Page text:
21-year Changes of Backreef Coral Distribution: Causes and Significance


  • Hiroya Yamano
  • Hajime Kayanne
  • Nobuyuki Yonekura
  • Kimiaki Kudo


Coral reef, decadal change, aerial photograph, typhoon, Ryukyu Islands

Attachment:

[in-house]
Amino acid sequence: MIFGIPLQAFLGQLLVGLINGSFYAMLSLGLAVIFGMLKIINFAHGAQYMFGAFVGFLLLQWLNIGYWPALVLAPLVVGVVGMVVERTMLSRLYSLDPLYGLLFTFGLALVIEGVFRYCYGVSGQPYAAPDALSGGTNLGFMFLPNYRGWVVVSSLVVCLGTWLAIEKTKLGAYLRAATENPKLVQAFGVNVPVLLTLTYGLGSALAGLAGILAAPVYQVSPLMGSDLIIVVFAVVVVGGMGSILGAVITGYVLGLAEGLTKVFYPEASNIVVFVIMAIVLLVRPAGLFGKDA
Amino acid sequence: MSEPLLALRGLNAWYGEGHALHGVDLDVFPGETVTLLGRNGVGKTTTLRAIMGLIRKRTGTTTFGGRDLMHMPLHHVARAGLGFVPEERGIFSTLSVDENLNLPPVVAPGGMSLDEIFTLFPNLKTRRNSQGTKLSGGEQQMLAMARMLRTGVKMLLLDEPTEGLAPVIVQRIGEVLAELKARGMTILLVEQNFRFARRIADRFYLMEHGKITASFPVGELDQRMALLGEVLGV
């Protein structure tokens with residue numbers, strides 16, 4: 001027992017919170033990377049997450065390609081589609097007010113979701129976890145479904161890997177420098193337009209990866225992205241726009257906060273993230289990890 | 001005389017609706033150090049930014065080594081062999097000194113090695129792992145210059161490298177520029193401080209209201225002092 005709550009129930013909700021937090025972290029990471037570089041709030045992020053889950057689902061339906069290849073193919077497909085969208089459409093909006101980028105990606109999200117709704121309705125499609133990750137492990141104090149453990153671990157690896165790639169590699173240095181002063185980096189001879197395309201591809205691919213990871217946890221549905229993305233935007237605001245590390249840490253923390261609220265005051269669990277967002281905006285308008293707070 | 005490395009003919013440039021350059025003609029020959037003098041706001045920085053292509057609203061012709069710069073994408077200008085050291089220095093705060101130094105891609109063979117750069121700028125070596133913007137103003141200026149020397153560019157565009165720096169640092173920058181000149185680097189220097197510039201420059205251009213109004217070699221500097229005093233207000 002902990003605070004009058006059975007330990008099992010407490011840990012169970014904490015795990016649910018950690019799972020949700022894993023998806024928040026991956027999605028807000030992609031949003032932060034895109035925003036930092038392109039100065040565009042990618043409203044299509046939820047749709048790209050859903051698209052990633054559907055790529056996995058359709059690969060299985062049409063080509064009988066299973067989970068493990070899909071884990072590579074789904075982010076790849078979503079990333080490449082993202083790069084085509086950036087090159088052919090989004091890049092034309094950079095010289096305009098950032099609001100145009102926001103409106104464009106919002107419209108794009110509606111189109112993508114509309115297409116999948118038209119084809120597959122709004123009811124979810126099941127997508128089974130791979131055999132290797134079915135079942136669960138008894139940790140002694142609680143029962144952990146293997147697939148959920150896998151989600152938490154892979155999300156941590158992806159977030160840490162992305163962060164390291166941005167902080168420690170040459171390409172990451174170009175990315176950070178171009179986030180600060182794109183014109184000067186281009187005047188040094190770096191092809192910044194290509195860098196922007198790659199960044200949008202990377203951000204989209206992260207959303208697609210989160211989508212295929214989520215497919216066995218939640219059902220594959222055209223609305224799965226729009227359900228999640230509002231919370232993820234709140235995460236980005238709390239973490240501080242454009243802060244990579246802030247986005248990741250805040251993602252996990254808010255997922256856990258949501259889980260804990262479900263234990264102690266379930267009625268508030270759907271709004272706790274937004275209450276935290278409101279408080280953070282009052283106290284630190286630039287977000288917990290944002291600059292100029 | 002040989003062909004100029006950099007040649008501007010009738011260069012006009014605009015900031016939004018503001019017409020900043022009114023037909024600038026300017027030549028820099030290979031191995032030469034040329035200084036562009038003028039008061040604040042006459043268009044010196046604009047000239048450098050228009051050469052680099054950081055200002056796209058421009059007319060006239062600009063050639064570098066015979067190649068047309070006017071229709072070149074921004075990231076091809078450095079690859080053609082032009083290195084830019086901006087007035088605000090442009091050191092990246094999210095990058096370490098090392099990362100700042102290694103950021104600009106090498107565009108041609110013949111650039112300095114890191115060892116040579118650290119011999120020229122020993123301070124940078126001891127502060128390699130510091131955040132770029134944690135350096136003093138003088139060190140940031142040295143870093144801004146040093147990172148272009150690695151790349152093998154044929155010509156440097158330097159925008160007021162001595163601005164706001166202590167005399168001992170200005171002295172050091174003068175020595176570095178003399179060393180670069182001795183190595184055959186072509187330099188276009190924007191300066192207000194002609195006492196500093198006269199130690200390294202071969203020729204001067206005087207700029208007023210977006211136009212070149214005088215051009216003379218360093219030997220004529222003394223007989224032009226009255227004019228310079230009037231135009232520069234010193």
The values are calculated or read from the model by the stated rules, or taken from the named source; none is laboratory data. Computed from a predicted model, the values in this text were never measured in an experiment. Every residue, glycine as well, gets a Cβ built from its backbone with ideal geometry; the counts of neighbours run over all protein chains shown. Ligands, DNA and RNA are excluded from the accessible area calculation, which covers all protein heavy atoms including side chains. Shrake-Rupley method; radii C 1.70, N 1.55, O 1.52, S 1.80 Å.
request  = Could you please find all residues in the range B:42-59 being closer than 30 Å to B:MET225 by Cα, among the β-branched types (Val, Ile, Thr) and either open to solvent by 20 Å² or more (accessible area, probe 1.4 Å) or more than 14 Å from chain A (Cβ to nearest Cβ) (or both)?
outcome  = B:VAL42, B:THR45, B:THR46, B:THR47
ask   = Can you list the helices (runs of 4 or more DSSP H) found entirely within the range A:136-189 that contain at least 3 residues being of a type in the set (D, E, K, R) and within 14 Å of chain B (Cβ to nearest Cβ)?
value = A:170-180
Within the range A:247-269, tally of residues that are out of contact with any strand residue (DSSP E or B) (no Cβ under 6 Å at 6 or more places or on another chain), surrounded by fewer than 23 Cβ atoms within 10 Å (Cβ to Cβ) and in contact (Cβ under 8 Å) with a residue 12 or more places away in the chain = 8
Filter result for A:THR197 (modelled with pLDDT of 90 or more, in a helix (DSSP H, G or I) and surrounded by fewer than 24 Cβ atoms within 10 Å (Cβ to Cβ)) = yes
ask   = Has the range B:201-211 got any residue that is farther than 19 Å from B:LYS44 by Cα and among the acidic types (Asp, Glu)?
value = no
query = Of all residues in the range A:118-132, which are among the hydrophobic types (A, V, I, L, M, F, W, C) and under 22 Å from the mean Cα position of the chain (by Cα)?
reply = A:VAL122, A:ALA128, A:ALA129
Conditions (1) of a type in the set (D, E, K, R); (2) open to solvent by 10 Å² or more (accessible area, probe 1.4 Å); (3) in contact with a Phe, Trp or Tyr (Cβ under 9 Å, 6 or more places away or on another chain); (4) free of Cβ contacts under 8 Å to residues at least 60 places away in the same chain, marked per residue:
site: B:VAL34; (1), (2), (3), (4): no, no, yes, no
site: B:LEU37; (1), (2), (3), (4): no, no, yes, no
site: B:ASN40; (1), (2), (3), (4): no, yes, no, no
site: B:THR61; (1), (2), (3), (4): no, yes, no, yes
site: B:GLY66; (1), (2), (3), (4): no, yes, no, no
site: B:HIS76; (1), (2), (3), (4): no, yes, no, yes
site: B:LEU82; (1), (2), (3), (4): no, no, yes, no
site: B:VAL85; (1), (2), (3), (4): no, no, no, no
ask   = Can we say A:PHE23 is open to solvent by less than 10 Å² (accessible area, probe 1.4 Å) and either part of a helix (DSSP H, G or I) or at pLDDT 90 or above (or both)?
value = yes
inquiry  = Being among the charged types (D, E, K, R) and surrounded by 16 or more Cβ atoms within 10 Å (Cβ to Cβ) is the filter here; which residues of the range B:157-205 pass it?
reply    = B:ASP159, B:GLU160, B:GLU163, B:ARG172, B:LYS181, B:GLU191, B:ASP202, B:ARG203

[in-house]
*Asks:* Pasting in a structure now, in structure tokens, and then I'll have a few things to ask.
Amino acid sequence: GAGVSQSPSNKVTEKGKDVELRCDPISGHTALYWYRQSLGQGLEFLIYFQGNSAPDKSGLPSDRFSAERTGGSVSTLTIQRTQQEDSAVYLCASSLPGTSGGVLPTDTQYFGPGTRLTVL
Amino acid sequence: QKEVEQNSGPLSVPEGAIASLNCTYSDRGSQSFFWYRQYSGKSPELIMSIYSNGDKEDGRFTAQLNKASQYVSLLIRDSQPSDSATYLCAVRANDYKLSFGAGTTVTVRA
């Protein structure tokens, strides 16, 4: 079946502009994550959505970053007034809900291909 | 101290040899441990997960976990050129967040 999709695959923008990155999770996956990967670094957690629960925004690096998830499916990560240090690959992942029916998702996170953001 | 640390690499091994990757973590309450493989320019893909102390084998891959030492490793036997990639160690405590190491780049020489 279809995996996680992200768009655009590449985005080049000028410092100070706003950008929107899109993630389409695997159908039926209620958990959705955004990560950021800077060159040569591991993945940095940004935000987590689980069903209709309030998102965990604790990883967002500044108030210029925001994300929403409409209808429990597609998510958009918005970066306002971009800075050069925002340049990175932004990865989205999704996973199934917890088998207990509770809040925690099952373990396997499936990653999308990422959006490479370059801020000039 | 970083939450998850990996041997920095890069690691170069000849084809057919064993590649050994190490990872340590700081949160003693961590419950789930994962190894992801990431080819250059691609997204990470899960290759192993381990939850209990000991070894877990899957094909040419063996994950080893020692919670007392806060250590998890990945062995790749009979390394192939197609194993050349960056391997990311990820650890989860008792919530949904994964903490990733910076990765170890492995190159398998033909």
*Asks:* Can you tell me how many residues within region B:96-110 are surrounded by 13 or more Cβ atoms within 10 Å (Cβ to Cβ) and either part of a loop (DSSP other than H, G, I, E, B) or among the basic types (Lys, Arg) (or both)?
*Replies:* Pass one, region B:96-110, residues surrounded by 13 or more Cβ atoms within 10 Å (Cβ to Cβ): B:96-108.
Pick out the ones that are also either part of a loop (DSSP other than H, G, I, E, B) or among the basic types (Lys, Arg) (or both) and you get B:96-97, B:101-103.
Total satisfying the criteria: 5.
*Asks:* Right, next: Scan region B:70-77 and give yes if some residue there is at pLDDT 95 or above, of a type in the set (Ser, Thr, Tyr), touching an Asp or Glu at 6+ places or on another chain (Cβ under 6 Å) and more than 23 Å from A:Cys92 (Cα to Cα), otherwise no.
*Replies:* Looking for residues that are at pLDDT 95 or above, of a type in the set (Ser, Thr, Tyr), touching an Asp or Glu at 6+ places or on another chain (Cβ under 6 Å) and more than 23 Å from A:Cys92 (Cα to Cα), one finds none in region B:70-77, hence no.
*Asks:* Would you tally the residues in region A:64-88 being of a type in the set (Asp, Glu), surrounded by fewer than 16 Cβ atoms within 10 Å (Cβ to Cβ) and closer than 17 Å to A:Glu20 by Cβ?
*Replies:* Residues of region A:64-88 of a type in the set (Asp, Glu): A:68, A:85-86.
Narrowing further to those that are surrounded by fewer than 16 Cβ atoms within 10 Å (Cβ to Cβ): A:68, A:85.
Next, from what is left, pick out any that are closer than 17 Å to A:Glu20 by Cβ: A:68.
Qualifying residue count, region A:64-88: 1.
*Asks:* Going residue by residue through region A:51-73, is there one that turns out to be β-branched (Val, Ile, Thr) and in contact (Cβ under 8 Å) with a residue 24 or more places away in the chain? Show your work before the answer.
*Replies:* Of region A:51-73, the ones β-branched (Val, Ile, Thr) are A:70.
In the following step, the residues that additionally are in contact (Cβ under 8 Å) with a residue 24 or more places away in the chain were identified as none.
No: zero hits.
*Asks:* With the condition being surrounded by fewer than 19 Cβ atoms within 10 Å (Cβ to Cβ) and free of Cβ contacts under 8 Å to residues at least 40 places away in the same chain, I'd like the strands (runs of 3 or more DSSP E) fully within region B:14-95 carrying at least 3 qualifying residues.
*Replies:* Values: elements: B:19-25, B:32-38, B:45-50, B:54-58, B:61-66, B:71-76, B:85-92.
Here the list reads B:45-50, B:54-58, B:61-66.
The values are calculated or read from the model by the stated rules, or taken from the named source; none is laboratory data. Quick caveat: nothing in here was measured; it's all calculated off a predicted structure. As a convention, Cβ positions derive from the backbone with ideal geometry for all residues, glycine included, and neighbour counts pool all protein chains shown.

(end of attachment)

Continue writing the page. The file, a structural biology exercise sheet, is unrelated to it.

The distribution of corals and their decadal change were observed in Kabira Reef, Ishigaki Island, Southwest Japan. Kabira Reef has distinct topographical and ecological zonation from the shore to the ocean and in addition, ecological zonation along the shore. Coral communities on hard substratum correspond to the current gradient. By analyzing aerial photographs taken in 1973, 1977, 1983, 1986, and 1994, together with the field observations of the change of communities in 1 m- quadrats, an area with marked changes was detected in the moat. The area is composed of fragile branching Montipora digitata on thick bioclastic sediments. Supply of fragments from the upstream zone, the reef pavement, maintains the communities in this zone. Accretion and removal of coral fragments are attributed to the wind direction of typhoons: northern and eastern winds from the ocean to the shore enhance the fragmentation and the expansion of Montipora digitata habitats, whereas southern winds remove the fragments in the moat.